Two coddled guys live with their respective single parents. Their folks fall in love and marry, making the guys stepbrothers.
The son of a dead mobster (Paul Newman), runs a legitimate business in Miami. A federal investigator thinks Gallagher knows about a labor leader's disappearance, and leaks information to Megan (Sally Field), a reporter who writes a story implicating Gallagher. The story brings about tragic results.
Number Six is presented to the President of the Assembly. He watches the trials of Number Forty Eight and the resuscitated Number Two. Finally his chance has arrived to meet Number One. As chaos breaks out, Number Six leaves the Village.
Number Six is not himself. The Prisoner's mind is transformed into another man's body by the Village authorities in an attempt to track down a scientist, Professor Seltzman.
Number Six takes the position of Queen's Pawn in a human game of chess.
Number Six discovers a dead man washed up on the Village beach.
Jerry obsessively worries when he takes his date to a restaurant famous for their apple pie and she refuses to eat a piece; meanwhile, Elaine discovers that a mannequin resembling her has been showing up in quite a few window displays.
'Speedlearn' is a subliminal process for educating the population of the Village, developed by a Professor with the aid of an unseen 'General'.
After all previous attempts to break Number Six have failed, Number Two decides the only way to obtain the information wanted is by using a system known as 'Degree Absolute', which is a battle that will leave one of them dead.
While Elaine suffers in a case of mistaken identity and an ex-friend fears Jerry's retribution, George avoids a girlfriend looking to break up.
When Jerry fails to show up to help her with some work, Elaine calls her boyfriend Kevin, who's the exact opposite of Jerry, and whose friends are the reverse images of George and Kramer - just like Superman's Bizarro World; George uses Susan's death to attract women.
Jerry's harsh critique of an actress launches her career; an enigmatic cartoon inspires Elaine.
After becoming involved in a fight with two thugs, Number Six is declared 'unmutual' by the Village committee who recommend that he undergo 'instant social treatment'.
Number Six awakes one morning in a different Village apartment and discovers that things have changed.
The Prisoner is tricked into discovering an assassination plot - but who is going to be killed?
Jerry Seinfeld is urgently called in to the Crackle World Headquarters to speak with the President, Dick Corcoran.
How did the economy get started? Meet Ugg, Glugg and Tugg, three enterprising cave men who accidentally invented trade, marketing and the base elements of the modern market economy.
How does Wall Street influence the economy? On the heels of the financial crisis, Wall Street for some has become synonymous with corruption and greed. Joe Berlinger takes us to the epicenter of the financial world to learn how Wall Street really influences the economy and impacts all of our lives.
Why is minimum wage important? Heated debate over increasing the minimum wage centers around the unprecedented passing of $15-an-hour legislation in Seattle.
Why is the law of supply and demand so powerful? A whimsical tale of love, dance and the economic concept of supply and demand. Bored in class, JONATHAN and KRISTIN are woken up by our friendly NARRATOR who helps guide them on an adventure in economics and... um... dance.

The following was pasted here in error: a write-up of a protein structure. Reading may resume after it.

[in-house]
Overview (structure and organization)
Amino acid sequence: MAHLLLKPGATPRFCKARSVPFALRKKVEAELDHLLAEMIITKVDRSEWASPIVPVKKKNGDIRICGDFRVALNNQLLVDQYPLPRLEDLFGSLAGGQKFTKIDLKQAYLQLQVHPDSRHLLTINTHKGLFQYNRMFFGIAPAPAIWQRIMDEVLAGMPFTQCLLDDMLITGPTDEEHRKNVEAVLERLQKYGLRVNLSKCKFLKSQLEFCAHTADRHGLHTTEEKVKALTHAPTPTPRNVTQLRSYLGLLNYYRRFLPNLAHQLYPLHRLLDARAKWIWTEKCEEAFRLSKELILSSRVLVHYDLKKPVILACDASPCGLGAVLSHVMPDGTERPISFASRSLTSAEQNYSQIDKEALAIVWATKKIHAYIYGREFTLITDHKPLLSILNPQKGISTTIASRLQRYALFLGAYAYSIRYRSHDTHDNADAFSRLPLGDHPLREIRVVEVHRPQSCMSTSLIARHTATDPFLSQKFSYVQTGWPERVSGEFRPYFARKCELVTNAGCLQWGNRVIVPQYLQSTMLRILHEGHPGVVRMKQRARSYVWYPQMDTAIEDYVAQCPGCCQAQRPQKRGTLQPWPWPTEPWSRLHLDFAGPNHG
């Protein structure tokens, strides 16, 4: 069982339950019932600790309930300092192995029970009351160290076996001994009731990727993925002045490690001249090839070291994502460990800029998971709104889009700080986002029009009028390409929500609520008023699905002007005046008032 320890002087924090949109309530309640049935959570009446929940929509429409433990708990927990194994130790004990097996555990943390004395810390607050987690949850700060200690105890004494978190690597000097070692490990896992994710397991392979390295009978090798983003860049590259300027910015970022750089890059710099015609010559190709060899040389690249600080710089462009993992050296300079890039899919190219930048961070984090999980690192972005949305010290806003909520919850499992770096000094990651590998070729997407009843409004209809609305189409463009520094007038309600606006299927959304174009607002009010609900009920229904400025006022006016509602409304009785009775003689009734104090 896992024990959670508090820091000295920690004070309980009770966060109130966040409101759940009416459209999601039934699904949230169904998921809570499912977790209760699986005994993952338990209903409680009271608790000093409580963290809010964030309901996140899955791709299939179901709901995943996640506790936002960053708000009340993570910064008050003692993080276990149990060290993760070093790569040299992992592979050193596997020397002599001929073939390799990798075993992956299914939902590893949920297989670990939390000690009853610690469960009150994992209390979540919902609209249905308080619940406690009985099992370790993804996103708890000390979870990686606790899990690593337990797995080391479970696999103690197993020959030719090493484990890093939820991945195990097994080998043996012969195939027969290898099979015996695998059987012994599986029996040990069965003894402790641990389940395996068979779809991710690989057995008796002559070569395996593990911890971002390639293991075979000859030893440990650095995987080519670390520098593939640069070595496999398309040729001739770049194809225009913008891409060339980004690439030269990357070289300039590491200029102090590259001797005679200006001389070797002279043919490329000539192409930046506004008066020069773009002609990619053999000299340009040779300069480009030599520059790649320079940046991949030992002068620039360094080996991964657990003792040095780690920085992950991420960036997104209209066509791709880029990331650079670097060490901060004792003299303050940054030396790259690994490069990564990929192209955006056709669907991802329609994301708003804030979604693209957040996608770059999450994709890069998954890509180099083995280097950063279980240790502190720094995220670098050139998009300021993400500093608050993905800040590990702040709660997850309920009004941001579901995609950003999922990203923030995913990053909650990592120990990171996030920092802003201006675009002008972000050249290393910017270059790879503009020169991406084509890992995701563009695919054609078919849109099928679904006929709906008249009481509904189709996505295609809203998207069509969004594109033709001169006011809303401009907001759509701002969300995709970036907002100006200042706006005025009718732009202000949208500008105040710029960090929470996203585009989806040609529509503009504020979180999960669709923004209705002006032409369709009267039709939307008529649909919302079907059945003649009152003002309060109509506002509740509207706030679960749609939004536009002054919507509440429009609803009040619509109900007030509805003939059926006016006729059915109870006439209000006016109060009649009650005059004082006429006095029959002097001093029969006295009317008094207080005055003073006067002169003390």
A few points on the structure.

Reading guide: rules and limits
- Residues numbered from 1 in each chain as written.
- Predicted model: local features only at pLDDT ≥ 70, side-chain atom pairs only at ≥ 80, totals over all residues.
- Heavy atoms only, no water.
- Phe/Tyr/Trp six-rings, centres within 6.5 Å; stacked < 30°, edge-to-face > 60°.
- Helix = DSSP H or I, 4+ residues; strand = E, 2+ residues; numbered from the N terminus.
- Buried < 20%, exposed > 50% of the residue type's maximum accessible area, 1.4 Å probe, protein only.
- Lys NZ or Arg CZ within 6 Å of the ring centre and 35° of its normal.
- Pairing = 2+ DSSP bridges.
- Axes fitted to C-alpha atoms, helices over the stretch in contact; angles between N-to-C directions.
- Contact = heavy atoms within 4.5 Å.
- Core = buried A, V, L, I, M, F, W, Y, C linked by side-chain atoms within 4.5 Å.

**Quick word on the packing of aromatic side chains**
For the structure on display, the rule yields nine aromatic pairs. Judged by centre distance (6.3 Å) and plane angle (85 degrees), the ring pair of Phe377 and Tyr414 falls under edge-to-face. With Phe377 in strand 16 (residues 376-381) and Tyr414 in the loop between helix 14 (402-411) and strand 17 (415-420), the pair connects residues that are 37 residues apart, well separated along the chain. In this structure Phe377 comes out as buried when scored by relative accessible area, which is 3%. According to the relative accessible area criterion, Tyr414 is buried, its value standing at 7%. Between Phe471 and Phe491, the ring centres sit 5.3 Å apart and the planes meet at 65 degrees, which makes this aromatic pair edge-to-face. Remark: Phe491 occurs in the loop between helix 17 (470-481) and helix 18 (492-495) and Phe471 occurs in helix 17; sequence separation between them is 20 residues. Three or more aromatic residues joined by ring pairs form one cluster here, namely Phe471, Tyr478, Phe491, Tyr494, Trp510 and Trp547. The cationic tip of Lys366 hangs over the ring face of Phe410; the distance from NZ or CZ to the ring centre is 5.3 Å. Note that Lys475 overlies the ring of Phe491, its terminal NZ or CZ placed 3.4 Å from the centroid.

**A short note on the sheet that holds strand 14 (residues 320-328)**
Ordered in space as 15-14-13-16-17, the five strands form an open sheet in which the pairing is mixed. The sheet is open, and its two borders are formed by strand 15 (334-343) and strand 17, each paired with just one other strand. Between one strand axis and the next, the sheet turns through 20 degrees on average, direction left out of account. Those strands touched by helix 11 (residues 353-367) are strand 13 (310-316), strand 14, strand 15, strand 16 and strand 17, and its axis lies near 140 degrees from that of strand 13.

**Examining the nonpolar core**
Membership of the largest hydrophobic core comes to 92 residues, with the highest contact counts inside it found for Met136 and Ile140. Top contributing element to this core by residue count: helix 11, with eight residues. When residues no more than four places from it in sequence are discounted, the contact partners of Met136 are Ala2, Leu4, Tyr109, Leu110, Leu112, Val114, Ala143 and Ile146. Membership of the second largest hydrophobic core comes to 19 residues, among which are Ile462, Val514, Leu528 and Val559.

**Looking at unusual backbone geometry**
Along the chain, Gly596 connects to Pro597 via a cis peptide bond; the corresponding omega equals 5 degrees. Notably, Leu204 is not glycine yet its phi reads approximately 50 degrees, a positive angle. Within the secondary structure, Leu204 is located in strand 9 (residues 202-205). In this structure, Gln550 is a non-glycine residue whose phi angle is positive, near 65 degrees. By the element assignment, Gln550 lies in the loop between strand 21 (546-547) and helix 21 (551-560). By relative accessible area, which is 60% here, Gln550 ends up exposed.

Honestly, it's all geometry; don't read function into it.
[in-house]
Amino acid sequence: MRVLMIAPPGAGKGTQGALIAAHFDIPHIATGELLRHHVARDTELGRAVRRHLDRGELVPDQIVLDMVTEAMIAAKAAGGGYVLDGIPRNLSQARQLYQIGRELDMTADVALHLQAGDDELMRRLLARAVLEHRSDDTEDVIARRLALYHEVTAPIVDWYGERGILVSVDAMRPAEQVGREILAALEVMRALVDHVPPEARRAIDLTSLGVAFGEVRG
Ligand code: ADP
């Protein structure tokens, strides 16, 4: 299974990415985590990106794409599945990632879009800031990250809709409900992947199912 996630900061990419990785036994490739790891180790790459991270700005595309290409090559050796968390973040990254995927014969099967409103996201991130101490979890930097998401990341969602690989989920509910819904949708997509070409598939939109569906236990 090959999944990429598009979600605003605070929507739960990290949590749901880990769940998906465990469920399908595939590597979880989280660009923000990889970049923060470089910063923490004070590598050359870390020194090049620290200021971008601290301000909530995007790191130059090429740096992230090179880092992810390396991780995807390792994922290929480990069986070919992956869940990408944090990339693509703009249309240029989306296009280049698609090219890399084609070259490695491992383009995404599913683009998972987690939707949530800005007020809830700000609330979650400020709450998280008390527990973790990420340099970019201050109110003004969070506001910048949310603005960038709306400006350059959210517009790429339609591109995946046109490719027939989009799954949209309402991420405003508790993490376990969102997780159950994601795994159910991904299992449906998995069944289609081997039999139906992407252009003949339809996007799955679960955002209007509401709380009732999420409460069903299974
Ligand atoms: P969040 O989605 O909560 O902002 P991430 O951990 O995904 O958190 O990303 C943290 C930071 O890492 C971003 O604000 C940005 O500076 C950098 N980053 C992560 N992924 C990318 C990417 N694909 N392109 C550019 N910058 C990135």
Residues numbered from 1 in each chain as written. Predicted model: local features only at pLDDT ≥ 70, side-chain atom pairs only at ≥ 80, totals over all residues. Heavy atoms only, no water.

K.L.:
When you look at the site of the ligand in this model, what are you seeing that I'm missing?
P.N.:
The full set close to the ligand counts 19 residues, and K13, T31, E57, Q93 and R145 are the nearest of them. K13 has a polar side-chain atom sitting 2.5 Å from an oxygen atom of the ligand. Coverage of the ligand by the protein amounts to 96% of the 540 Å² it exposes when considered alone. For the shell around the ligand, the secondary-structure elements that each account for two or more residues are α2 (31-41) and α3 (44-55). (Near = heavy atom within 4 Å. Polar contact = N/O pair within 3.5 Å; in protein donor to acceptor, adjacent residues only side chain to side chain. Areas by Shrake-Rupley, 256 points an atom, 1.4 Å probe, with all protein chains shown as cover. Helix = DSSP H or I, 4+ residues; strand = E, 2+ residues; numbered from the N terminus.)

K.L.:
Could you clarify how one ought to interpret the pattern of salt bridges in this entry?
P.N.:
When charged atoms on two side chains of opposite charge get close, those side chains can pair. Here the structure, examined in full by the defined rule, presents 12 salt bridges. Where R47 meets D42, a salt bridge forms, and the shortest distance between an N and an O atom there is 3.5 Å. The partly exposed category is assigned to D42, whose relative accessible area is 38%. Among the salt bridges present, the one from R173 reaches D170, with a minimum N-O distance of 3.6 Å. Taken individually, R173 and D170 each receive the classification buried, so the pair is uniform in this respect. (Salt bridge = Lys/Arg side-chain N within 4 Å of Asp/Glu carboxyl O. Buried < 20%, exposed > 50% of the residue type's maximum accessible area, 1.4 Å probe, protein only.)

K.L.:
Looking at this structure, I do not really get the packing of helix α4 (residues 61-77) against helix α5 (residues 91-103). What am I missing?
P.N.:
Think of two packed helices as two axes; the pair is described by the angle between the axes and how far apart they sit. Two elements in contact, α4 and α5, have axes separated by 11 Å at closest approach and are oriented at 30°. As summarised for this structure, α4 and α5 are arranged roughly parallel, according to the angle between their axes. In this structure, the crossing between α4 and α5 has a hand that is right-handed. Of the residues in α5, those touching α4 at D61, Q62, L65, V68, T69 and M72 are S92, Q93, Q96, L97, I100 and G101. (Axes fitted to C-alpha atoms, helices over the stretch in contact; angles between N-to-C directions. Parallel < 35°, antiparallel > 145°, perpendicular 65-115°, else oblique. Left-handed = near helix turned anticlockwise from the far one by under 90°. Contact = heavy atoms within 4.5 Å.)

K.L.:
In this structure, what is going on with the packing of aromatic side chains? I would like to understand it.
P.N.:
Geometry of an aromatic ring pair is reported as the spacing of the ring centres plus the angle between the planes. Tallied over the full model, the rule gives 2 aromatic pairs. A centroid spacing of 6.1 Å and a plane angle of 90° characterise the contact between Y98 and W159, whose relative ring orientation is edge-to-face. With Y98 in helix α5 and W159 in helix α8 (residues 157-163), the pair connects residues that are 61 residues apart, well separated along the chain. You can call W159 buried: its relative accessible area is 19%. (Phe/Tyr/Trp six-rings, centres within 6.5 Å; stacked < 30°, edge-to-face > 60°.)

Why is our tax system so complicated? Teachers have long relied on educational cartoons with catchy songs to simplify everything from grammar to government. With retro flair, TAXATION NATION looks into how our tax system does – and doesn’t – work.
Why is healthcare so expensive? A hapless patient journeys through the of labyrinth of U.S. healthcare and is left with a headache and sticker-shock.
How do we measure the economy? Two economists settle their differences- in the professional wrestling ring. Watch and cheer as Simon Kuznets and M. Joseph Meehan square off in a testosterone-fueled battle over how to measure the economy.
Where do our tax dollars go? We Americans spend a lot of time arguing over how our tax dollars are spent. But do we focus on the right things? Or have we been misdirected? Two-time Oscar winning director Barbara Kopple focuses her lens on answers that many may find startling.
Why do we have budget deficits and a national debt? In this free-wheeling animated film, you’ll see how Congress and public officials use and manage debt, and why it matters to you.
In an suburban neighborhood, Jerry (Patton Oswalt) runs his big business lemonade stand and has the market cornered, until Addie opens her own stand across the street. Competition equals war, and both sides use a government regulator to try and win.
Why does the U.S. fund foreign aid? The U.S. spends approximately $37 billion a year on foreign aid - just under 1% of our federal budget. THE FOREIGN AID PARADOX zeroes in on food aid to Haiti and how it affects American farming and shipping interests as well as Haiti’s own agricultural markets.
What is the global trade system? What does it mean to have a globalized economy? And is it good for us? Bob Balaban wrangles seven experts to break it all down as a troupe of comedic actors enliven the commentary.
What is the Federal Reserve? When Federal Reserve Chairman Rob Rafaelson awakes with amnesia only moments before a big press conference, his children, maid and intern must explain the Fed to him using the only thing handy: the children’s toys.
What happens when jobs disappear? Detroit has been the poster child for the loss of well-paid manufacturing jobs, but this trend impacts communities all over the country. How does a great American city bounce back?
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